WESTERN ART IN PANDEMICS, THEN and NOW
True West|October 2020
WESTERN ART IN PANDEMICS, THEN and NOW
Museum curators, gallery owners and artists remain optimistic about the future.
JOHNNY D. BOGGS

The pandemic has gotten so bad, the board of health orders “Theaters, churches, schools, dance halls, pool halls and card rooms” closed. “Public gatherings are also prohibited.” Two months later, a local artist (in need of an editor) writes a friend:

“… this old sickness surlenly trimmed this camp hers prufe enough I just sold a picture to an undertaker”

Western art galleries have focused on online marketing, but selling art online is difficult.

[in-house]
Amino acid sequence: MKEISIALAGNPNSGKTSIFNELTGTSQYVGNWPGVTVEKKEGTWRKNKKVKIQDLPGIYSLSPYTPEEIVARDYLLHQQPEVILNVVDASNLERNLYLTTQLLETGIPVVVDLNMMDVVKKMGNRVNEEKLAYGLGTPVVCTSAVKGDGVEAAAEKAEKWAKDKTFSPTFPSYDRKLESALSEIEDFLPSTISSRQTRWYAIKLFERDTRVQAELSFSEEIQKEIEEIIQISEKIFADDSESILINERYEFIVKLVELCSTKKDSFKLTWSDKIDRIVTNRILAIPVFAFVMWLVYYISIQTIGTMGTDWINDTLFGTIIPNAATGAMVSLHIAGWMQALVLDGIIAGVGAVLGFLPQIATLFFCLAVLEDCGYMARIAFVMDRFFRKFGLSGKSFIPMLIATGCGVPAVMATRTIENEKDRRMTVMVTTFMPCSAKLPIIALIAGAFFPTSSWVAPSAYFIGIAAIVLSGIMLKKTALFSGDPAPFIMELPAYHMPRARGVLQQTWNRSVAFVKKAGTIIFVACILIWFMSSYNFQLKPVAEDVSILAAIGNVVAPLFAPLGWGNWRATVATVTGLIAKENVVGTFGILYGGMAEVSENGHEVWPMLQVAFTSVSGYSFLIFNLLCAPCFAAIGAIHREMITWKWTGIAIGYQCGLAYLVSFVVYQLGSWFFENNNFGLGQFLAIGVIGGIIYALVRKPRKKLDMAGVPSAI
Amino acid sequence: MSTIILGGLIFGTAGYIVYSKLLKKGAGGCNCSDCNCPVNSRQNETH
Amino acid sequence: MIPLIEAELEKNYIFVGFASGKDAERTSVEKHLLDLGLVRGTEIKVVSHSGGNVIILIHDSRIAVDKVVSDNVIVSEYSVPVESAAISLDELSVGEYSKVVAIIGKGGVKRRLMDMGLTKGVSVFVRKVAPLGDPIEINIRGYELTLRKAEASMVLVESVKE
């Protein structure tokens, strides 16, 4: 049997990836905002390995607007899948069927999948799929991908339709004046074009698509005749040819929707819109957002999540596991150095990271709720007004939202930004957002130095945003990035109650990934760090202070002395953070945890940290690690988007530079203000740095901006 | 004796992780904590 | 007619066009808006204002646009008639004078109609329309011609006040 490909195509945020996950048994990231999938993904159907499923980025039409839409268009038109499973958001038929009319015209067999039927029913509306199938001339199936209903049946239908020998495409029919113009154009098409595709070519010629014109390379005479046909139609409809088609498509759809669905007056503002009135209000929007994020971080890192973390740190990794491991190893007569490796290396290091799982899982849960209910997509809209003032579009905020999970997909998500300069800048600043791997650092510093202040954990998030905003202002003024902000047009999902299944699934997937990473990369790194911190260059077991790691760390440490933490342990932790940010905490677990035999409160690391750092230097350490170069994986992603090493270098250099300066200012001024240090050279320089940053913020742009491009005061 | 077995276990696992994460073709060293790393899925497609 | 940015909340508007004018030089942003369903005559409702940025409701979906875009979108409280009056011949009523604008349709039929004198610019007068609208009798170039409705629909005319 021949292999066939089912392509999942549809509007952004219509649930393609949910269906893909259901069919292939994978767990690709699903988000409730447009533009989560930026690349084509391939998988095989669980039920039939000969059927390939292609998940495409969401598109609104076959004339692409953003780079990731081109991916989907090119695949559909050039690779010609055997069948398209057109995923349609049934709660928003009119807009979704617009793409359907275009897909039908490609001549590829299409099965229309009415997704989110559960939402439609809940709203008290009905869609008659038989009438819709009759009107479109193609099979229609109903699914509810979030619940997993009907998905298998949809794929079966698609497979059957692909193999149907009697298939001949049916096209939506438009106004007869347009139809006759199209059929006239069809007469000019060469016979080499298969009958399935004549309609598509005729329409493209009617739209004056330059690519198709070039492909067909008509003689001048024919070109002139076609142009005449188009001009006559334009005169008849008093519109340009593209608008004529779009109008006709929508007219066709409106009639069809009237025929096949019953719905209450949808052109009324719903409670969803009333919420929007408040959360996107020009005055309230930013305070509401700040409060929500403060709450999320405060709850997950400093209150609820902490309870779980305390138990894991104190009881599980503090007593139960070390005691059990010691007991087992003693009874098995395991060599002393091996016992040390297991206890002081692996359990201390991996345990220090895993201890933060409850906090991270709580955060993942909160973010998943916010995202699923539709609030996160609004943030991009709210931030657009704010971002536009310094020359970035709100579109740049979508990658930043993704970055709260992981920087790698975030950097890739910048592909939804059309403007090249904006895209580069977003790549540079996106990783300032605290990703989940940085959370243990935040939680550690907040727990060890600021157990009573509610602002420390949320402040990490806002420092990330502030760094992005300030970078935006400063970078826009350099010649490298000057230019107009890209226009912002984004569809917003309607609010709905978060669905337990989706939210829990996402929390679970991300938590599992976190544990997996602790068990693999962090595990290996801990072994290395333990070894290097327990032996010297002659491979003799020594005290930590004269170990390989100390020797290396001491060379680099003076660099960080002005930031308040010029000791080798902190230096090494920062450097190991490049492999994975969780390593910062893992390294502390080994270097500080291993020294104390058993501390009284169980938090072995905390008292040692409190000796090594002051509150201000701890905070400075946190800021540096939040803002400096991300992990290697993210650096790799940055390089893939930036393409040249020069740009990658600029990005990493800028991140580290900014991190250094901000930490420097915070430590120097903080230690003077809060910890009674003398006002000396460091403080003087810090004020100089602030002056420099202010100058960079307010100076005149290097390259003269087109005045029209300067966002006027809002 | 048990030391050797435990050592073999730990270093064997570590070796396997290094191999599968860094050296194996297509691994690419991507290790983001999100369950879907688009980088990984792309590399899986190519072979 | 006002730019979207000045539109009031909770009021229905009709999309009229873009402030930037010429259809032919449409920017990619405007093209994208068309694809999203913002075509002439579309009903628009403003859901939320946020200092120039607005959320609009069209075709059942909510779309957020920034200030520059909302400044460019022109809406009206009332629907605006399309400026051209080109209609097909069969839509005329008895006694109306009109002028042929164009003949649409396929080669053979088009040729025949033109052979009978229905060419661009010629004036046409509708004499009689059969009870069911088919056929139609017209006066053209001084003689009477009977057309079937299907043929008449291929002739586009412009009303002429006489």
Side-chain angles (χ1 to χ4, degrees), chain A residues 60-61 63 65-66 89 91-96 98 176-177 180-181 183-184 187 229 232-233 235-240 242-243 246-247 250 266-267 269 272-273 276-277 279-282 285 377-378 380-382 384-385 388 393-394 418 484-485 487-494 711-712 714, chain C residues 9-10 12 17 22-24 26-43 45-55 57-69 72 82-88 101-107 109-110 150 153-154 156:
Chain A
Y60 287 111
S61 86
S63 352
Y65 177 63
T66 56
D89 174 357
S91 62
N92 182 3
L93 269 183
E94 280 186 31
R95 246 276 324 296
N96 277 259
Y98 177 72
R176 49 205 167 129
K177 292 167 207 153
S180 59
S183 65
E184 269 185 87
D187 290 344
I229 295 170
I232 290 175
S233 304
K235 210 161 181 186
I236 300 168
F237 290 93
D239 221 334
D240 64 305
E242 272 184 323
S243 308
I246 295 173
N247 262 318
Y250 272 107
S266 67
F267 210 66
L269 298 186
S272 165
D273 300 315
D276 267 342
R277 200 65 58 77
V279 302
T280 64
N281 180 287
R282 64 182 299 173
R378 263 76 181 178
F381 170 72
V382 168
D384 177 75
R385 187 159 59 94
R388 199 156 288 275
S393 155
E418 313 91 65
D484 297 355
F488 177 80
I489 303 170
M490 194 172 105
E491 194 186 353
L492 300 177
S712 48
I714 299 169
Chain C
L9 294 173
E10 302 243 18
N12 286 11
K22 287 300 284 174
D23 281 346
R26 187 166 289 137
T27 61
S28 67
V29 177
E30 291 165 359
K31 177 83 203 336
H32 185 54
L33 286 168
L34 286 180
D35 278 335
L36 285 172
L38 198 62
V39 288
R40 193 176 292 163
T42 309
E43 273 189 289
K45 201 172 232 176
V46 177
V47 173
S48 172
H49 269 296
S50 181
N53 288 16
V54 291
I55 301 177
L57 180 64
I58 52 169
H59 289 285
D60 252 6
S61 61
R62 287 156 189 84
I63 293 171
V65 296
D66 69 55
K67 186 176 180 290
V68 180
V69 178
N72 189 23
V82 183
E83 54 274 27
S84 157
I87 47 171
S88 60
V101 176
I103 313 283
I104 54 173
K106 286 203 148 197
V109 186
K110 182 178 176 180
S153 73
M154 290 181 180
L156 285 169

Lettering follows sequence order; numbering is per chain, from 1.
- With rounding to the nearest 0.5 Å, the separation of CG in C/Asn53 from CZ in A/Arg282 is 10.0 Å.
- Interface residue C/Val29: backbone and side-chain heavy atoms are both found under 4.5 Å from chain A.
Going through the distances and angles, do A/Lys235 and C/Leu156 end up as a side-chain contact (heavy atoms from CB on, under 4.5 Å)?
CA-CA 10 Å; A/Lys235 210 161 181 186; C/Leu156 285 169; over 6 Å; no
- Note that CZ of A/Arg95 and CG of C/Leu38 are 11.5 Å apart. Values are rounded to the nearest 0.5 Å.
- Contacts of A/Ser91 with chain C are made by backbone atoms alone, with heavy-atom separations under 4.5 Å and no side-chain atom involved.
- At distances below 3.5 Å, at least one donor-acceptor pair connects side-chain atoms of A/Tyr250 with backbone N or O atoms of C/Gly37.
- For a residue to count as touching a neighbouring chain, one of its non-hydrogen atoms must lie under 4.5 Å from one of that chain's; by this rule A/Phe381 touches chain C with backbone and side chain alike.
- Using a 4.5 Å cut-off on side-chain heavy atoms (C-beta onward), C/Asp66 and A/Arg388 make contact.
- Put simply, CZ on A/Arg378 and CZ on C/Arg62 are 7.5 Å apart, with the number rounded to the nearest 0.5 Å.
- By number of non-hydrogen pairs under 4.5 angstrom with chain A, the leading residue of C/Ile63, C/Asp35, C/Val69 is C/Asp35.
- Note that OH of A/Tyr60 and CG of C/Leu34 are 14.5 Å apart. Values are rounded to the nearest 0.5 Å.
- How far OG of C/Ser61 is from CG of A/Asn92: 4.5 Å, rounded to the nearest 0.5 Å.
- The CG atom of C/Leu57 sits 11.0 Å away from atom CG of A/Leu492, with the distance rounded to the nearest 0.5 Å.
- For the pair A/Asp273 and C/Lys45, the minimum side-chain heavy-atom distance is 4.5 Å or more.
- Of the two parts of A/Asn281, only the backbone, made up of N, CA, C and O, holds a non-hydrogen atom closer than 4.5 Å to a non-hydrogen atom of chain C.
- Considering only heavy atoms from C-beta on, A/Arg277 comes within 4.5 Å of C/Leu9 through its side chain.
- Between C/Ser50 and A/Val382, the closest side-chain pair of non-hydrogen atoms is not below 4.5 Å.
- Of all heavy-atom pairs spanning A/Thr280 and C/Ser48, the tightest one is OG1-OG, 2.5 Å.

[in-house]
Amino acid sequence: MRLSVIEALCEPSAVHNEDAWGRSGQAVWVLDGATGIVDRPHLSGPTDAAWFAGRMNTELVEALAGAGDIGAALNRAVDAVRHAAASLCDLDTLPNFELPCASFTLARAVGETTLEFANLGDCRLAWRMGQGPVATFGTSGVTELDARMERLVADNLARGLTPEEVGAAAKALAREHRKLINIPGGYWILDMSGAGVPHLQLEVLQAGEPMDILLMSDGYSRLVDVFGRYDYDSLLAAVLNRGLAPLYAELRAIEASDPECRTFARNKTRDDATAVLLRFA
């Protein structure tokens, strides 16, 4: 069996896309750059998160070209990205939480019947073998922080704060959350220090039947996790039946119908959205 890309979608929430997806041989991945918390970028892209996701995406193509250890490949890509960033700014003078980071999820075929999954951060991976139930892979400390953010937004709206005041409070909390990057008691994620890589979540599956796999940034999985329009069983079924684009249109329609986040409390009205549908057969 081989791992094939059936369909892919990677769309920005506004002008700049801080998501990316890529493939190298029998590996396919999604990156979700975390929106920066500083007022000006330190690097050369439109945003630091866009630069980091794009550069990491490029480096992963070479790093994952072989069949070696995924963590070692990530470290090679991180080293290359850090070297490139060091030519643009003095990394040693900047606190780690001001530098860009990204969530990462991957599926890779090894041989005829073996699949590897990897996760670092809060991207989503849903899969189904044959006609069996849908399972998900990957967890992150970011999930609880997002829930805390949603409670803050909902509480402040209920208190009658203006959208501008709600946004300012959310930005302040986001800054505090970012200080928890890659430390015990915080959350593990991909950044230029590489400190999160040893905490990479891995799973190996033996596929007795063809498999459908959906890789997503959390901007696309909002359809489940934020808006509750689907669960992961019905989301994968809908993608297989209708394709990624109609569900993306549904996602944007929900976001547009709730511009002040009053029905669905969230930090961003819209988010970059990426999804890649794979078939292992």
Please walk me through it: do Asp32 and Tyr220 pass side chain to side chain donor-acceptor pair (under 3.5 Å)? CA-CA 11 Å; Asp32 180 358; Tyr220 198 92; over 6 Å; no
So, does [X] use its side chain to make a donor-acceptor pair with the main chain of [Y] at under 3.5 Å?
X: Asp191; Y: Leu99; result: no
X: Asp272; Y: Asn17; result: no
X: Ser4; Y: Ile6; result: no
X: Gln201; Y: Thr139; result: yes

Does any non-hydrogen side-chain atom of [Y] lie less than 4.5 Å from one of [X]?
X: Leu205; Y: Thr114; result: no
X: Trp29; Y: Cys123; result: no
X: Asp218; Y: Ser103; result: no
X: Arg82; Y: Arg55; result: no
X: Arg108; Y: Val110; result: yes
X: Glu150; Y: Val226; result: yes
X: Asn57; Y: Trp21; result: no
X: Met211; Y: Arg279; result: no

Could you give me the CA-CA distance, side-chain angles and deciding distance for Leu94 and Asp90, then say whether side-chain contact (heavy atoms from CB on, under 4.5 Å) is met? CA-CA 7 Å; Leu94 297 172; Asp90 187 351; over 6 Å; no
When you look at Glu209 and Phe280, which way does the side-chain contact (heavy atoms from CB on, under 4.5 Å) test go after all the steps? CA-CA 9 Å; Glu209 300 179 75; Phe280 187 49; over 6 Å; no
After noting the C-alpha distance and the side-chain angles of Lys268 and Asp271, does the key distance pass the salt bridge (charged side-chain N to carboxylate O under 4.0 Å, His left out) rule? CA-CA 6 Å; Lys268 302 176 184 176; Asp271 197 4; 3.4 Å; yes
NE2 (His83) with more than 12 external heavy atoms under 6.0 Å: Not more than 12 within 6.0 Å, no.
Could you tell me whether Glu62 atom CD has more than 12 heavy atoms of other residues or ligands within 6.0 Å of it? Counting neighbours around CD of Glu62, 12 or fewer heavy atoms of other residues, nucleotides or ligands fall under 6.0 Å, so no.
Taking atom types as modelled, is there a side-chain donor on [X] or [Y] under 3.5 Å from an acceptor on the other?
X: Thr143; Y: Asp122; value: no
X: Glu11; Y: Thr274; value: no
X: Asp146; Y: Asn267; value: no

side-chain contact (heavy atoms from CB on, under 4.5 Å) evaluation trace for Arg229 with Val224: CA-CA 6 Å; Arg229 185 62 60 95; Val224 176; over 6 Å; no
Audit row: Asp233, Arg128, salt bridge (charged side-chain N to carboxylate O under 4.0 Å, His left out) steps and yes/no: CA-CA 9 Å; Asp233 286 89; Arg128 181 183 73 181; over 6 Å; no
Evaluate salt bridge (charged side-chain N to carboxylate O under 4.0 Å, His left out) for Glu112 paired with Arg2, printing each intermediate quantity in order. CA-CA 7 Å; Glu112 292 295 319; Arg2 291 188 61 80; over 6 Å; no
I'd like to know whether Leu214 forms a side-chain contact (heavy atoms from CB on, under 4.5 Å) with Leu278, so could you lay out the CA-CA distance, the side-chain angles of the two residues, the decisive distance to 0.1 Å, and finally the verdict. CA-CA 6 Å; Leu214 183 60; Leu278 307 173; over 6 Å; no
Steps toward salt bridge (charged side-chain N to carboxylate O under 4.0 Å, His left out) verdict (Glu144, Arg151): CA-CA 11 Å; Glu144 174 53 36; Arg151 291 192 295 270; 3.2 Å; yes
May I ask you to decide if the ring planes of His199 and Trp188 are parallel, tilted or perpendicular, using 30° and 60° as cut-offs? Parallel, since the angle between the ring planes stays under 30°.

“There is a generation gap opening up between younger collectors, who are more comfortable purchasing art online and our older clientele, who are not,” says Maria Hajic, director of the Department of Naturalism and Contemporary Western Art at Gerald Peters Gallery in Santa Fe, New Mexico. “It is the latter group that has supported and sustained the Western art market for decades. ...I still believe the art business is about personal connections, but that is changing.”

Western artist Robert Pace Kidd, who splits his time between California and Mexico, headed to the Baja coast in February ahead of pandemic-forced safety measures. “I’ve been busy making art,” he says. “Selling’s a whole different matter.”

“I don’t know if anything’s going to pick back up until there’s a true vaccine,” Comanche artist Nocona Burgess says.

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October 2020